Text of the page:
Due to its aristocratic owners, Gilwell Manor and the Gilwell Estate was often visited by King George III, and later by his son King George IV. But the area is rich in other kinds of history. Twenty years before the new manor house was built, highwayman Richard “Dick” Turpin had hid in the forests and had preyed on travelers to and from London who used Hoe Lane, the “highway” that traveled across the Gilwell Estate. (Dick Turpin was a man who engaged in a wide variety of criminal acts, including burglary, cattle rustling, horse theft, highway robbery and murder before being executed in York on April 7, 1739.) That same London “highway” of 300 years ago is today a simple dirt road that winds through Gilwell Park.
But by 1919 Gilwell Estate and Gilwell Hall had fallen into serious disrepair and its most recent owner had put it up for sale. And thanks to a very generous financial gift, Scouting was about to get its first camp.
Scouting gets its first camp- and it’s first Wood Badge
Working with Maclauren, the estate agent and the seller, the UK Scouts worked out the financial details of the purchase of the estate, and a price of £7,000 was eventually agreed for the purchase of the property. Maclaren donated the entire amount, plus an additional £3,000 for improvements to the estate. (His £10,000 donation in 1919 would be worth £370,000– $568,000 in US dollars– in 2008 figures.) By anyone’s accounting, it was a generous donation. In addition to his financial support, Maclaren remained a very “hands on” volunteer (as most Scouters are!), and was often seen at the park performing much of the maintenance himself.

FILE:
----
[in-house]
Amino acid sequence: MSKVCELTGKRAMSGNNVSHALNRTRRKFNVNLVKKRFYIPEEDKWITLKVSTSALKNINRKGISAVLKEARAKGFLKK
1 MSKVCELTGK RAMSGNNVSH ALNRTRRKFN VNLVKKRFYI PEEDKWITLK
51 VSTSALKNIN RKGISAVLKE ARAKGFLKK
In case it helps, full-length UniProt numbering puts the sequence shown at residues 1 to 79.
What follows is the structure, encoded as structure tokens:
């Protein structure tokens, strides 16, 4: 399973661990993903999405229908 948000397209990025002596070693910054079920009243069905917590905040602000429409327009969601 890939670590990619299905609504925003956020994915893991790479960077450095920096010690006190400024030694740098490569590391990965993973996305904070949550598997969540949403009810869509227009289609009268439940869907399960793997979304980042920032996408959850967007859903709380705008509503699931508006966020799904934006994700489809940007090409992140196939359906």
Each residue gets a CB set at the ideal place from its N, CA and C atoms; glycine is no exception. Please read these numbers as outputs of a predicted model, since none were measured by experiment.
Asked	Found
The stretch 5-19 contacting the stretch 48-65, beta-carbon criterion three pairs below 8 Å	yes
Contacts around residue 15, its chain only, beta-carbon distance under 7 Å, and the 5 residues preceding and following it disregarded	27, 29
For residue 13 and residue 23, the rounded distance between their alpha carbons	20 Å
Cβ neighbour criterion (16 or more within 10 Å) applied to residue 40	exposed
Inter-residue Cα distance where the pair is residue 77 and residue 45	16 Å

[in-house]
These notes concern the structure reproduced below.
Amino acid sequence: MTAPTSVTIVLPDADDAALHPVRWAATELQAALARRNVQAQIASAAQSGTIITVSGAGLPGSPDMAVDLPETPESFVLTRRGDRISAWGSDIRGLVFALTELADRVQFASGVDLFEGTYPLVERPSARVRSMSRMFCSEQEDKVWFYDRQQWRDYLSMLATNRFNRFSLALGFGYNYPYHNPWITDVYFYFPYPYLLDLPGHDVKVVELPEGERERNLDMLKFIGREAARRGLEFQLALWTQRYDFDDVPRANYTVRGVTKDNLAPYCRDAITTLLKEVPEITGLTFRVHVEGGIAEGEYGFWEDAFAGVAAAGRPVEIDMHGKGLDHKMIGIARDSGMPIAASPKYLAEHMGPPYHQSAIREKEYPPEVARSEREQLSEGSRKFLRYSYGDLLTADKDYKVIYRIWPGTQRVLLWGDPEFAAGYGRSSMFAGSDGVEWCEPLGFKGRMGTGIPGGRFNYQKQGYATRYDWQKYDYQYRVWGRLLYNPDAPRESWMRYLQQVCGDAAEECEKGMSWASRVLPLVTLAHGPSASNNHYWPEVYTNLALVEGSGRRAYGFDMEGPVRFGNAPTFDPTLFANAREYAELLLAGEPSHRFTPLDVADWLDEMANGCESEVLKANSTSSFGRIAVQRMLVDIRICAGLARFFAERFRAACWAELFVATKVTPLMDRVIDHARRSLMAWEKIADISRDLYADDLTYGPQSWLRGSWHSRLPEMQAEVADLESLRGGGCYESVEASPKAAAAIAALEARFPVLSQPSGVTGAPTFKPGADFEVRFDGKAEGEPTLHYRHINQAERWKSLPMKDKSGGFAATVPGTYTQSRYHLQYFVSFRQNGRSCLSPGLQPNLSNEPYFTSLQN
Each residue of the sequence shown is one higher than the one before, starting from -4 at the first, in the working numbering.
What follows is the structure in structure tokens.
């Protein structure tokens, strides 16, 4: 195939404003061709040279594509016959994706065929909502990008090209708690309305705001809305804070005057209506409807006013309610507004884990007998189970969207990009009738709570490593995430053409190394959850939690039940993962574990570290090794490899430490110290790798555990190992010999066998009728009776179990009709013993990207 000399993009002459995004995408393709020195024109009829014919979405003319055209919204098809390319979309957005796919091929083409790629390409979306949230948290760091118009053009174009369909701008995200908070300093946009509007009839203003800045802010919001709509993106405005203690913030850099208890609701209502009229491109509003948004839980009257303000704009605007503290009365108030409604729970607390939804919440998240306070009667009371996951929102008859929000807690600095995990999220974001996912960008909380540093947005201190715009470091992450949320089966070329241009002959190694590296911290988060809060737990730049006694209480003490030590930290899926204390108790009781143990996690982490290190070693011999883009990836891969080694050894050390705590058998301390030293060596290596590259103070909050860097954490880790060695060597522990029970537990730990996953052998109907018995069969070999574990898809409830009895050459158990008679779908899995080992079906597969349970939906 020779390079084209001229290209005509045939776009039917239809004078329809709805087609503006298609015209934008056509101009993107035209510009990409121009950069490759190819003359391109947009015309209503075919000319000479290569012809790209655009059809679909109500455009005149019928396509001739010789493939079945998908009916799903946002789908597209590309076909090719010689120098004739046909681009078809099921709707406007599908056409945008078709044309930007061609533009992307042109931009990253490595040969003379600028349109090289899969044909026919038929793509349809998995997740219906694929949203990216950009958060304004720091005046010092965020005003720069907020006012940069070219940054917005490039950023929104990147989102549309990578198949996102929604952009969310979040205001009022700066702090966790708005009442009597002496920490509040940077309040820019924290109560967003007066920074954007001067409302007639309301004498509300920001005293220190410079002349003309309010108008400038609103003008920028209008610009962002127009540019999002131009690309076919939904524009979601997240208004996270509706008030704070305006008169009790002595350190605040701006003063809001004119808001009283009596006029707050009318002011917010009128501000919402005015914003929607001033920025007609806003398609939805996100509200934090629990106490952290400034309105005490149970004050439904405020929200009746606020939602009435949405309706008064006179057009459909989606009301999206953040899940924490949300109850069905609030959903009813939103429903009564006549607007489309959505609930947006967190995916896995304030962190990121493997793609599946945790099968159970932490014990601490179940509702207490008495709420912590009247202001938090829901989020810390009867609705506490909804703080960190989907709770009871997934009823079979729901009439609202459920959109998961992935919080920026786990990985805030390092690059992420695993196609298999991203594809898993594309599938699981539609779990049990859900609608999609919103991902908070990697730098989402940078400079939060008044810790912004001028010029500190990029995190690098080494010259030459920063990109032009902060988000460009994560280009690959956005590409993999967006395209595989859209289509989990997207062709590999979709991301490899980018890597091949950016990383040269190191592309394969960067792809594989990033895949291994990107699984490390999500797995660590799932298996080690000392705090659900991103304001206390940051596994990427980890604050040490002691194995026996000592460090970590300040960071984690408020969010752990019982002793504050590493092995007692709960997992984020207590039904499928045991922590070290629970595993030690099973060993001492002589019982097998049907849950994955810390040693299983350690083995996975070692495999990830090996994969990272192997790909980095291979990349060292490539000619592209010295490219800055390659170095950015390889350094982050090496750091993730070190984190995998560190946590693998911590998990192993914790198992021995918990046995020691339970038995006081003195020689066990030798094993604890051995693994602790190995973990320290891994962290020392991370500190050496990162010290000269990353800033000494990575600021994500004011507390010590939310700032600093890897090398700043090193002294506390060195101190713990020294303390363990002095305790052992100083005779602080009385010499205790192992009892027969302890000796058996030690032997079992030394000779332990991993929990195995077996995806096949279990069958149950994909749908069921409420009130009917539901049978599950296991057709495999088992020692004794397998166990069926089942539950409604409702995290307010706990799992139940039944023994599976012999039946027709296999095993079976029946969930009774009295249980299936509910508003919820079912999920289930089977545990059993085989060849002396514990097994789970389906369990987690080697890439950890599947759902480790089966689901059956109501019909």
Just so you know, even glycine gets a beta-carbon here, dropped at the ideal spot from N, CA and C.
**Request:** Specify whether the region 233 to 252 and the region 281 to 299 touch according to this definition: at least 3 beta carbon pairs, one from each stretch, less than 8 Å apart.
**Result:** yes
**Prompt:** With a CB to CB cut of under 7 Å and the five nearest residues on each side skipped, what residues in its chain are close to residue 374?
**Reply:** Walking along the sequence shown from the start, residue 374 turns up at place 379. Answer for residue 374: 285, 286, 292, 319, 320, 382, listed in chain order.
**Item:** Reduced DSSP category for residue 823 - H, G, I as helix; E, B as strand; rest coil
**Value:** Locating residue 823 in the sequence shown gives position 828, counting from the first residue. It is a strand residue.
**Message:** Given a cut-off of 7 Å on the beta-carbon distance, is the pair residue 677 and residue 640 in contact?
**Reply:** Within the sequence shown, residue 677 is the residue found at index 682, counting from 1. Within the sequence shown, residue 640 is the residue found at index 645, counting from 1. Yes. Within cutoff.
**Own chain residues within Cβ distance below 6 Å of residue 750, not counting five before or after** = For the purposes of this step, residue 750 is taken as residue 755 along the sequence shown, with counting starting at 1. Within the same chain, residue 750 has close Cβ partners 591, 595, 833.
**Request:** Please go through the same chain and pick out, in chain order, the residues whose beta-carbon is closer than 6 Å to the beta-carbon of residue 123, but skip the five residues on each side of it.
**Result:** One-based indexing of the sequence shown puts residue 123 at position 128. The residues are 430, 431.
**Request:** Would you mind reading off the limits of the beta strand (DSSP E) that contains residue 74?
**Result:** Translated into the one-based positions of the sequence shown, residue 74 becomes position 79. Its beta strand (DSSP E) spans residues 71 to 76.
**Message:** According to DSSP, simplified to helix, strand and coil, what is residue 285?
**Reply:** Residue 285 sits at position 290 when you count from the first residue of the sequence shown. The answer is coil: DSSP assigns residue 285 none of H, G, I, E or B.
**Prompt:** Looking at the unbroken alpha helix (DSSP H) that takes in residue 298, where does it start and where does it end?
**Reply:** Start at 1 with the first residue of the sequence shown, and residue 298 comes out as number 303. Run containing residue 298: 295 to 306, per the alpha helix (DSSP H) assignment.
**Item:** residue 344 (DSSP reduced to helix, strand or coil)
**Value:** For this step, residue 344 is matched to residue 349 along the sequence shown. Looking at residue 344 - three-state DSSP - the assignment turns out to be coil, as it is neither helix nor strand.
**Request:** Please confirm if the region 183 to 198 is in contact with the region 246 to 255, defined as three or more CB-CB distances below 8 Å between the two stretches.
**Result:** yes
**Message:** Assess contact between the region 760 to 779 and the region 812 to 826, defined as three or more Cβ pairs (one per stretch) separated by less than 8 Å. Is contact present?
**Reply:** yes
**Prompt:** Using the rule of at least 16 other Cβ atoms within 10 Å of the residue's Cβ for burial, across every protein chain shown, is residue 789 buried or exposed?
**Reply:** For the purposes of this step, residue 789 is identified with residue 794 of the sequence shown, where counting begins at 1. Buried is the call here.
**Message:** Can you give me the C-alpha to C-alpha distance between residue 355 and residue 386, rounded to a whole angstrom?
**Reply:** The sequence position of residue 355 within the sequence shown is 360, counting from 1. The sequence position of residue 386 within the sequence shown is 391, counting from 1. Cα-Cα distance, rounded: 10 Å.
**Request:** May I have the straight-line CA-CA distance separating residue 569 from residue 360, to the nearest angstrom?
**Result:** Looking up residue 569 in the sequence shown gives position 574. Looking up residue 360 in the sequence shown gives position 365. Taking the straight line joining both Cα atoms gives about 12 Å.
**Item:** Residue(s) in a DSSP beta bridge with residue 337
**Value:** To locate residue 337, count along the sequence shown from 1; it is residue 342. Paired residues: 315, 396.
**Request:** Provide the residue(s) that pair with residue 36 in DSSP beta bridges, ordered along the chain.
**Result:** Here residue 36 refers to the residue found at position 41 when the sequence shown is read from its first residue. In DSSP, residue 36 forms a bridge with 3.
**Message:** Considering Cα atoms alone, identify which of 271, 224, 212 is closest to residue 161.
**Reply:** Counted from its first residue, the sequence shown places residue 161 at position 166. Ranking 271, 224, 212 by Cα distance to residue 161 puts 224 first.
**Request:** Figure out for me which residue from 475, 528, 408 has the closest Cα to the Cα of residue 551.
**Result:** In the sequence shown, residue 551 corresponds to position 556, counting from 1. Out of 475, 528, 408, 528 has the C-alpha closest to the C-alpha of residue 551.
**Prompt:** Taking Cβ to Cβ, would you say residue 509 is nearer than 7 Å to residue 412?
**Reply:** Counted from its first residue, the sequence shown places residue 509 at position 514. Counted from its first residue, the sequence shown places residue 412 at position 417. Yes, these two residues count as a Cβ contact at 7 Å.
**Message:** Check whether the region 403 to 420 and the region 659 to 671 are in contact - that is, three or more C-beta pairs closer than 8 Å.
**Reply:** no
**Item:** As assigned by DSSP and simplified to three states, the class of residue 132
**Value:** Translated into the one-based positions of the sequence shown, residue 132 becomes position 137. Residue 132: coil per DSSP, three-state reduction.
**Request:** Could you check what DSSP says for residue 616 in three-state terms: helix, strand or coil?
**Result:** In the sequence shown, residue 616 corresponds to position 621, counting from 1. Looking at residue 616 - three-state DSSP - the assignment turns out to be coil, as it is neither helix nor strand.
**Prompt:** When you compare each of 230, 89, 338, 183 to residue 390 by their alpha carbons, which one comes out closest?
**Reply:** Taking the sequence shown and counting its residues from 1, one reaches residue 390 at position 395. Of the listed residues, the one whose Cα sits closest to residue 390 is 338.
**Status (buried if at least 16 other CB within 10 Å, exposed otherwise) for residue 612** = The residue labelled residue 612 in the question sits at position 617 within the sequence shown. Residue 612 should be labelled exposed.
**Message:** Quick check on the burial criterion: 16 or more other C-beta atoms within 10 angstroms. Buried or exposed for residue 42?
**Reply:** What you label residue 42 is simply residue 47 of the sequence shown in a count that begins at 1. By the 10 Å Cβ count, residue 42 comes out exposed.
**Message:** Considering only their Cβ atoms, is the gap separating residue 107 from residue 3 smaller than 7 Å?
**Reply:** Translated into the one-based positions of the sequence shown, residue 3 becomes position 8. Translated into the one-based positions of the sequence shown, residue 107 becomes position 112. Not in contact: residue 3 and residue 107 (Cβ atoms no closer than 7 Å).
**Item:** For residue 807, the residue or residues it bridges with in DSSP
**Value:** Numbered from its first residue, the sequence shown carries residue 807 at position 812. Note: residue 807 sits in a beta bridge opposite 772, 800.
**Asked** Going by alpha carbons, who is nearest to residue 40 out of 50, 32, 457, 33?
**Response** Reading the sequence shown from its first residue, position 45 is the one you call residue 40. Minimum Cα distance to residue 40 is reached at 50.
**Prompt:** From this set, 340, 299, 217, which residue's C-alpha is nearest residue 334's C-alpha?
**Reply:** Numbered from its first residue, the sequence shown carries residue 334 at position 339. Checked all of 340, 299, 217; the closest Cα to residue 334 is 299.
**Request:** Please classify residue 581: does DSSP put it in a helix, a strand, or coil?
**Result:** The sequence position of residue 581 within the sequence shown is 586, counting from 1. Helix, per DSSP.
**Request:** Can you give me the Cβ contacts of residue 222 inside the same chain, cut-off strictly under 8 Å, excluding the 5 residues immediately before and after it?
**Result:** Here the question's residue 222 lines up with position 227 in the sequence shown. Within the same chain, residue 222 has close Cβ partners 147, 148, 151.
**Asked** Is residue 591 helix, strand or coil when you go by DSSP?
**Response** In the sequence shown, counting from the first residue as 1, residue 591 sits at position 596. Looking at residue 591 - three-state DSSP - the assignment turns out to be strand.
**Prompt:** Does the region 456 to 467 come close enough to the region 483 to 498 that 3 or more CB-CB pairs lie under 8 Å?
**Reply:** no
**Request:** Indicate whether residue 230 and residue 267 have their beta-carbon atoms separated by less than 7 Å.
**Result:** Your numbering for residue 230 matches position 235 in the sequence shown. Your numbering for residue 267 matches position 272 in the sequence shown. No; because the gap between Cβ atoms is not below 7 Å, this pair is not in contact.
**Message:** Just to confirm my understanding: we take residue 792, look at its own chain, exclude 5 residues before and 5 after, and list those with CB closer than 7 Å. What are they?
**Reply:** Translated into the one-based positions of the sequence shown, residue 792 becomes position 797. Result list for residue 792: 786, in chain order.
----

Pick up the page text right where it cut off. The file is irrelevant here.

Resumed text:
The camp was formally purchased in June, and opening ceremonies were held on July 26, 1919, including a rally of 700 Scouts. The first camp participants were “Rover” Scouts, who had been allowed to start the repairs in April of that year.
(Baden-Powell never lived at Gilwell Park but he often camped, lectured, taught courses, and attended meetings. He emphasized the importance of Scouters’ training at Gilwell Park for Scouting by taking it as the territorial designation in his peerage title of 1st Baron Baden-Powell of Gilwell in 1929 when the barony was conferred upon him by the King.)
Six weeks later, on September 8, 1919, nineteen men assembled by patrols for the first training camp, led by Captain Frank Gidney (not by B-P, as some erroneously report, although he did visit the course.)
When they had finished their training, Baden-Powell gave each man two simple wooden beads (not one bead as some have reported) from a necklace he had found in a deserted hut while chasing Zulu chieftain Dinizulu when on campaign in South Africa in 1888.
When the original beads supplied by Baden-Powell started to run out in later courses, only one bead was awarded, and the participant was instructed to carve a second bead. But eventually new ones were whittled to maintain the tradition and two beads were awarded again. Because of these beads, the course came to be known as the “Wood Badge Course.”
The photo on the right are Baden-Powell’s six Wood Badge beads, which he had originally envisioned to be worn around the campaign hat, instead of around the neck. The photo above is a 2008 photo of the first training field, with the huge “Gilwell Oak” seen on the right. The photo below is the first course photo, including Course Director Frank “Skipper” Gidney who can be seen on Baden-Powell’s right.
Wood Badge is taught all over the world. The two simple Wood Badge beads are one of the few widely recognizable Scouting emblems worn by Scout leaders all over the world. The Wood Badge Maclauren tartan, which honors the gift of Gilwell Park, and the Wood Badge Woggle, with the Axe and Log, are widely recognized symbols of Wood Badge world-wide.